The versatility in preparation stands in stark opposition to the way the tahdig is to be taken out of the pot and subsequently served—two feats akin to an Olympic sport. “I just learned about the trick of cooling the bottom of the pot to help loosen the rice,” said Shafia. “It works like a charm.” Removing the food from the cooking vessel and placing it on a serving plate intact is just as important as achieving the perfect shade of gold.
“I will usually take a moment to have everyone admire the golden disc,” said Shafia. “It’s that big reveal moment. I always just like to show it off, parade it, and then cut it.” Post wholesome extraction, the tahdig is cut into slices or more organic shapes.
As for the eating part: Feel free to use your hands to devour the delicacy. “It’s just too awkward to eat it with a fork and it’s also so good that you can’t worry about getting dirty while eating it,” said Shafia. “Just shove it in your mouth like a potato chip.”
The laws governing the preparation and consumption of the dearly beloved Middle Eastern dish do differ in one simple aspect that actually ends up pointing to what seems to be the truest magic of the tahdig: its ability to unite folks with seemingly no common ground. The crispy rice has become a staple on tables of Iranian expatriates no matter their religious affiliations. You’re just as likely to be force-fed a piece of tahdig in the kitchen of a Jewish family that ran away from Iran in the 1970s as you are in the home of a Muslim of Iranian descent who spends his days singing the praises of the food while discussing native cuisines. The potency of the tahdig rests in that universal appeal, offering a common devotion to people who—religiously and historically—have found it hard to find anything else to truly share. Jews and Muslims, whose convoluted Iranian history still defines our present, love tahdig equally. Could the food then be the cure we’ve been seeking for centuries while trying to capitulate the cultural and political battles that have bestowed on the two peoples across different nations?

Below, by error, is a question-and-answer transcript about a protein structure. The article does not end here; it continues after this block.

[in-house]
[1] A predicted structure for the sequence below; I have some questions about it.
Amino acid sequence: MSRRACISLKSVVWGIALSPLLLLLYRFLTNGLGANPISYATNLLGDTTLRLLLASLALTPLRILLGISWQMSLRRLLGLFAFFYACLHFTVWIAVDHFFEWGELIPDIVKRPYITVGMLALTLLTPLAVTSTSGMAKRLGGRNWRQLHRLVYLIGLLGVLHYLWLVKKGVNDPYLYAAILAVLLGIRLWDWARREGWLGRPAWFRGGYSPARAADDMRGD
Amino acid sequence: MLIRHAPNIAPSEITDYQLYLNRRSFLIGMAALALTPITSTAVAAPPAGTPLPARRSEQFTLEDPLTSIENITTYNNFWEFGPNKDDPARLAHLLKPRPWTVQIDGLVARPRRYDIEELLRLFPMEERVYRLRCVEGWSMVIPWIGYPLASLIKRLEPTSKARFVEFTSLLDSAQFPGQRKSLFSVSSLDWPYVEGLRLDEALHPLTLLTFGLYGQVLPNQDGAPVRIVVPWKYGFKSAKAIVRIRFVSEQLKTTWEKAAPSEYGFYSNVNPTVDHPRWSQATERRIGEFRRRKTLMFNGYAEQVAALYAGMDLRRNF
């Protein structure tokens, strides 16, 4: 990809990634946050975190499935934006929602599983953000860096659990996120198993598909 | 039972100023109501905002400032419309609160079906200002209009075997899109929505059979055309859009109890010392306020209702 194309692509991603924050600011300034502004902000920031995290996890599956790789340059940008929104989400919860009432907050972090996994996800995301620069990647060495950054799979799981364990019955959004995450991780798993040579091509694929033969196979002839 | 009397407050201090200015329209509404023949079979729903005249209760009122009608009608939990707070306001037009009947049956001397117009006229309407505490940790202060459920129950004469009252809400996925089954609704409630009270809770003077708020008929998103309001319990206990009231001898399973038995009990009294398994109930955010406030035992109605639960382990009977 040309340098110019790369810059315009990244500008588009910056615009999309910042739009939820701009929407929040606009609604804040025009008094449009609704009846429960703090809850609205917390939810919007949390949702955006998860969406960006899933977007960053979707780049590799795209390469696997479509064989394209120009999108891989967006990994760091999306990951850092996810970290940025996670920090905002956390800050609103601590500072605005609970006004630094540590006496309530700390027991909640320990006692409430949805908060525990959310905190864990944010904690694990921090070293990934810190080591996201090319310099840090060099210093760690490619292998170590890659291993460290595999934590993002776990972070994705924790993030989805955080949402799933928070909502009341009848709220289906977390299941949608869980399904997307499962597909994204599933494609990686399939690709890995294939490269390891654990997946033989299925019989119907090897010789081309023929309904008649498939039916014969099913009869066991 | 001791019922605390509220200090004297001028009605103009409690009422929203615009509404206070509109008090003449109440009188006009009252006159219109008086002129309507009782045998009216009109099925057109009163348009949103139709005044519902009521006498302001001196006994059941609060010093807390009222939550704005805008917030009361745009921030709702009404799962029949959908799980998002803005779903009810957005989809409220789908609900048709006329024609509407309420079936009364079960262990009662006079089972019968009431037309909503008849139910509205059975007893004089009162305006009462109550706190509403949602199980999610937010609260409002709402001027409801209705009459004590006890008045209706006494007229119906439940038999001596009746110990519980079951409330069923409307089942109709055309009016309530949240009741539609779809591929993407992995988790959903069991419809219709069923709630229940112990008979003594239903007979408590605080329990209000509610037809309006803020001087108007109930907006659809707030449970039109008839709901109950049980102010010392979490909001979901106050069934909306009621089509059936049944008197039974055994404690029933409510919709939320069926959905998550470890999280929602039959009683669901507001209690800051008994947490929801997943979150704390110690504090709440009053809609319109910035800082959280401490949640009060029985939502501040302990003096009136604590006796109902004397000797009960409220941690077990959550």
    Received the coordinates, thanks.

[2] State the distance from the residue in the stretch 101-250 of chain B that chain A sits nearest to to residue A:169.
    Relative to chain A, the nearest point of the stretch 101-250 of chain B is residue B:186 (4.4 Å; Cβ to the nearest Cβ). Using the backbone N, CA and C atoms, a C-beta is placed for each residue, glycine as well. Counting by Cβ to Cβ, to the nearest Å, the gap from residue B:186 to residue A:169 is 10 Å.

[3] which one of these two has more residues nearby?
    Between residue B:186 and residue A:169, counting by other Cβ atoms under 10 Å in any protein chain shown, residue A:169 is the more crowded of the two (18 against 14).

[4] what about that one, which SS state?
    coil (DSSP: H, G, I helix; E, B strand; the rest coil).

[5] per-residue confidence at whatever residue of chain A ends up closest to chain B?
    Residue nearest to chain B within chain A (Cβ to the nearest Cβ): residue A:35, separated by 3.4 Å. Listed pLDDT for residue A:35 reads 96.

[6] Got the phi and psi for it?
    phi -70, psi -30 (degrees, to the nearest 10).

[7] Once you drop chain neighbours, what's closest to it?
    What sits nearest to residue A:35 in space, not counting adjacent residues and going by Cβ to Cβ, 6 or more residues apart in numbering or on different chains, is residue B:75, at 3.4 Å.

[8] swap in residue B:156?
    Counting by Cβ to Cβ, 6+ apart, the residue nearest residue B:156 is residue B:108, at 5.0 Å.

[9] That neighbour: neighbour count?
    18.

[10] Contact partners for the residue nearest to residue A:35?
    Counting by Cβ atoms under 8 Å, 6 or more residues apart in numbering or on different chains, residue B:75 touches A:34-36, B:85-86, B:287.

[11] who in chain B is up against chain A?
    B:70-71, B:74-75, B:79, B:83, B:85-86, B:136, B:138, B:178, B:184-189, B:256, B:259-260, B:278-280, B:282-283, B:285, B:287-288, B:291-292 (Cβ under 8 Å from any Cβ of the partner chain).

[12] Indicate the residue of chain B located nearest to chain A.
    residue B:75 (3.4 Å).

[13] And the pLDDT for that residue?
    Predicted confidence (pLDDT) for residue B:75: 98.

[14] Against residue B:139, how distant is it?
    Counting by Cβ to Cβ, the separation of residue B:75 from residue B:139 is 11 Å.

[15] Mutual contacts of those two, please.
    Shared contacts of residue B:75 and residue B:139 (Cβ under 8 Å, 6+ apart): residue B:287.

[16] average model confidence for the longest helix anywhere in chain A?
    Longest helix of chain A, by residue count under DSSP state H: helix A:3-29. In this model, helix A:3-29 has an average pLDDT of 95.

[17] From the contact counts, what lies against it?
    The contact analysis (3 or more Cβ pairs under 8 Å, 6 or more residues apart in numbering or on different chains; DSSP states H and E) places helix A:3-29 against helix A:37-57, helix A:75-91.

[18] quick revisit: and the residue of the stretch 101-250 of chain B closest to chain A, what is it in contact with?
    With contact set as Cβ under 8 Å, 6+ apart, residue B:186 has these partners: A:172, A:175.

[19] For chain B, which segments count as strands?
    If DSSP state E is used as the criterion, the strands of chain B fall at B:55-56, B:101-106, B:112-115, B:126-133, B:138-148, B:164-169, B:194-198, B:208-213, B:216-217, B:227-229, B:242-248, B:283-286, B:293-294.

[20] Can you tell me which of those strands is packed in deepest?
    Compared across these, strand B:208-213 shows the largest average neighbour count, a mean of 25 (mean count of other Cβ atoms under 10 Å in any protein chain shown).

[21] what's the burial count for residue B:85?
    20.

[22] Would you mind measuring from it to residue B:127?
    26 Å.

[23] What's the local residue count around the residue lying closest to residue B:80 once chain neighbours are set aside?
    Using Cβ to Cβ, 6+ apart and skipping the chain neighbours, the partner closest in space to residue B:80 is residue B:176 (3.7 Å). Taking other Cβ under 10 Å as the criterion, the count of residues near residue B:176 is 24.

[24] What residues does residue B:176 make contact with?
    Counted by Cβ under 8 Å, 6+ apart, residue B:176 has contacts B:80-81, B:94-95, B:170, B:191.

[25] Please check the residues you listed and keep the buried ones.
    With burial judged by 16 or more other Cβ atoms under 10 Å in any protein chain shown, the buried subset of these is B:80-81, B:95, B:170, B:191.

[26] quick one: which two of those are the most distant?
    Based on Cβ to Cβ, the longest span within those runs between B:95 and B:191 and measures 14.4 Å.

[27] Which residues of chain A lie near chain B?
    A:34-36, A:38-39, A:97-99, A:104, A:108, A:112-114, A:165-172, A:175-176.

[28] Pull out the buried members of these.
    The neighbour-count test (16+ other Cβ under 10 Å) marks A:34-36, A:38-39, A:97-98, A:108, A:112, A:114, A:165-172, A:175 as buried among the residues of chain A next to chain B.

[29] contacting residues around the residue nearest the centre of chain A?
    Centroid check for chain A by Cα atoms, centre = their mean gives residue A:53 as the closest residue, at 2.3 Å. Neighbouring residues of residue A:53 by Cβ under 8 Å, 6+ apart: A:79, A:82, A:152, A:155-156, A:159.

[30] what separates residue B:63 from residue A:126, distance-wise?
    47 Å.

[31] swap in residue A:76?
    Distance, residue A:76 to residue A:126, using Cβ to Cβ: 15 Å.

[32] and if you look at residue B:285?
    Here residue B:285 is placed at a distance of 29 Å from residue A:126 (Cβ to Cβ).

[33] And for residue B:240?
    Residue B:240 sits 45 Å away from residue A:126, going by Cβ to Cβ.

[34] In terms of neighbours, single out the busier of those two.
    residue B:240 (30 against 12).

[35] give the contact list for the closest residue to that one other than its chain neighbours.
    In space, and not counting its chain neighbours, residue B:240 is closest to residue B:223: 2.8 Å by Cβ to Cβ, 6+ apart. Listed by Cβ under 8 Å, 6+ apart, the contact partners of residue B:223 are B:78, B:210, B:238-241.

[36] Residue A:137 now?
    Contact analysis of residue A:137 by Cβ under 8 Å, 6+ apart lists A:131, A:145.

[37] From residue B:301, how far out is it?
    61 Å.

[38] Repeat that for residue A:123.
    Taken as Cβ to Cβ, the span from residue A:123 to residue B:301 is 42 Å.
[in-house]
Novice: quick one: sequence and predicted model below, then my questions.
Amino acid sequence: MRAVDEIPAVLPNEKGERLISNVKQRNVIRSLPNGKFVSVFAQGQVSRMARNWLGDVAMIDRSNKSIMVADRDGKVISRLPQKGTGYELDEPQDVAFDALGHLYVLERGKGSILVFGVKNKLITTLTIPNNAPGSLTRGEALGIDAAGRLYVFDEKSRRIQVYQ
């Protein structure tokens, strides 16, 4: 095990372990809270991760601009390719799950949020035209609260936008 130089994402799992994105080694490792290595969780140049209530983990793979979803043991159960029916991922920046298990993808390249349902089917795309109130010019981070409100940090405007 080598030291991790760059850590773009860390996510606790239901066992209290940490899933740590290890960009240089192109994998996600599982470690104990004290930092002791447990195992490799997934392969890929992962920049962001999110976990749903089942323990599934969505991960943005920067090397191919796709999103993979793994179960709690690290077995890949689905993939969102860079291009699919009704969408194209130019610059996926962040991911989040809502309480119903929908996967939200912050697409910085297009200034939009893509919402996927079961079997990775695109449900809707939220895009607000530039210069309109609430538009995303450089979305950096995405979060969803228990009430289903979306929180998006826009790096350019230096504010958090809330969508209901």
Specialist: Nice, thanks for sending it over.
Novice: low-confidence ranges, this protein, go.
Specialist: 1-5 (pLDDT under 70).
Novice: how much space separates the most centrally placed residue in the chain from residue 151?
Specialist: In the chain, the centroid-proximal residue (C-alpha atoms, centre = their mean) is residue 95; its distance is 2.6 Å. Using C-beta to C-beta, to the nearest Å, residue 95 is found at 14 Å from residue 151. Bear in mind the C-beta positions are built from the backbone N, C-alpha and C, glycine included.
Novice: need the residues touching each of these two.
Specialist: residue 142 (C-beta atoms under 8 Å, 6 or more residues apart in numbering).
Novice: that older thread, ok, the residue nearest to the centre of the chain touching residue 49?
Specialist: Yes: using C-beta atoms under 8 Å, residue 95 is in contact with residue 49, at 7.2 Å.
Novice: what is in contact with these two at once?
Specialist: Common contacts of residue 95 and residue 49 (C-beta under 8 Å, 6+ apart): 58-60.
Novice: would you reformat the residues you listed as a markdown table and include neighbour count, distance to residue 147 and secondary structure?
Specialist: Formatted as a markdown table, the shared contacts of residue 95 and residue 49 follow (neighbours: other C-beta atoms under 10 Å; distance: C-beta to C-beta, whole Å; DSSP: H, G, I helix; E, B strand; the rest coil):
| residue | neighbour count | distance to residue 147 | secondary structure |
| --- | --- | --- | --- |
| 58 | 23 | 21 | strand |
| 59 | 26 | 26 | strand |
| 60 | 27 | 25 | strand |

It sure is a lofty and dreamy notion, but so delicious and inarguably special is the taste of the tahdig that we can’t help but wonder whether asking dissidents to sit at the same table while munching on pieces of the golden disc might function as, perhaps, the beginning of a long-lasting peace treaty of sorts.
How realistic that scenario actually is may be up for debate, but one thing is for sure: The crunchy cakelike peace offering might have to be presented in two different ways. In fact, most Muslim tahdig recipes call for the use of yogurt at the bottom of the pot. Jewish kashrut laws, however, forbid the simultaneous consumption of meat-based and dairy-based products and, given that a vast majority of Iranian Jews eat tahdig alongside kabob and khoresh—meat dishes—the crunchy rice is almost exclusively prepared sans yogurt in Jewish homes.
That’s all for the better. Who wants to share tahdig anyway?
Anna Rahmanan is a New York-based writer and editor.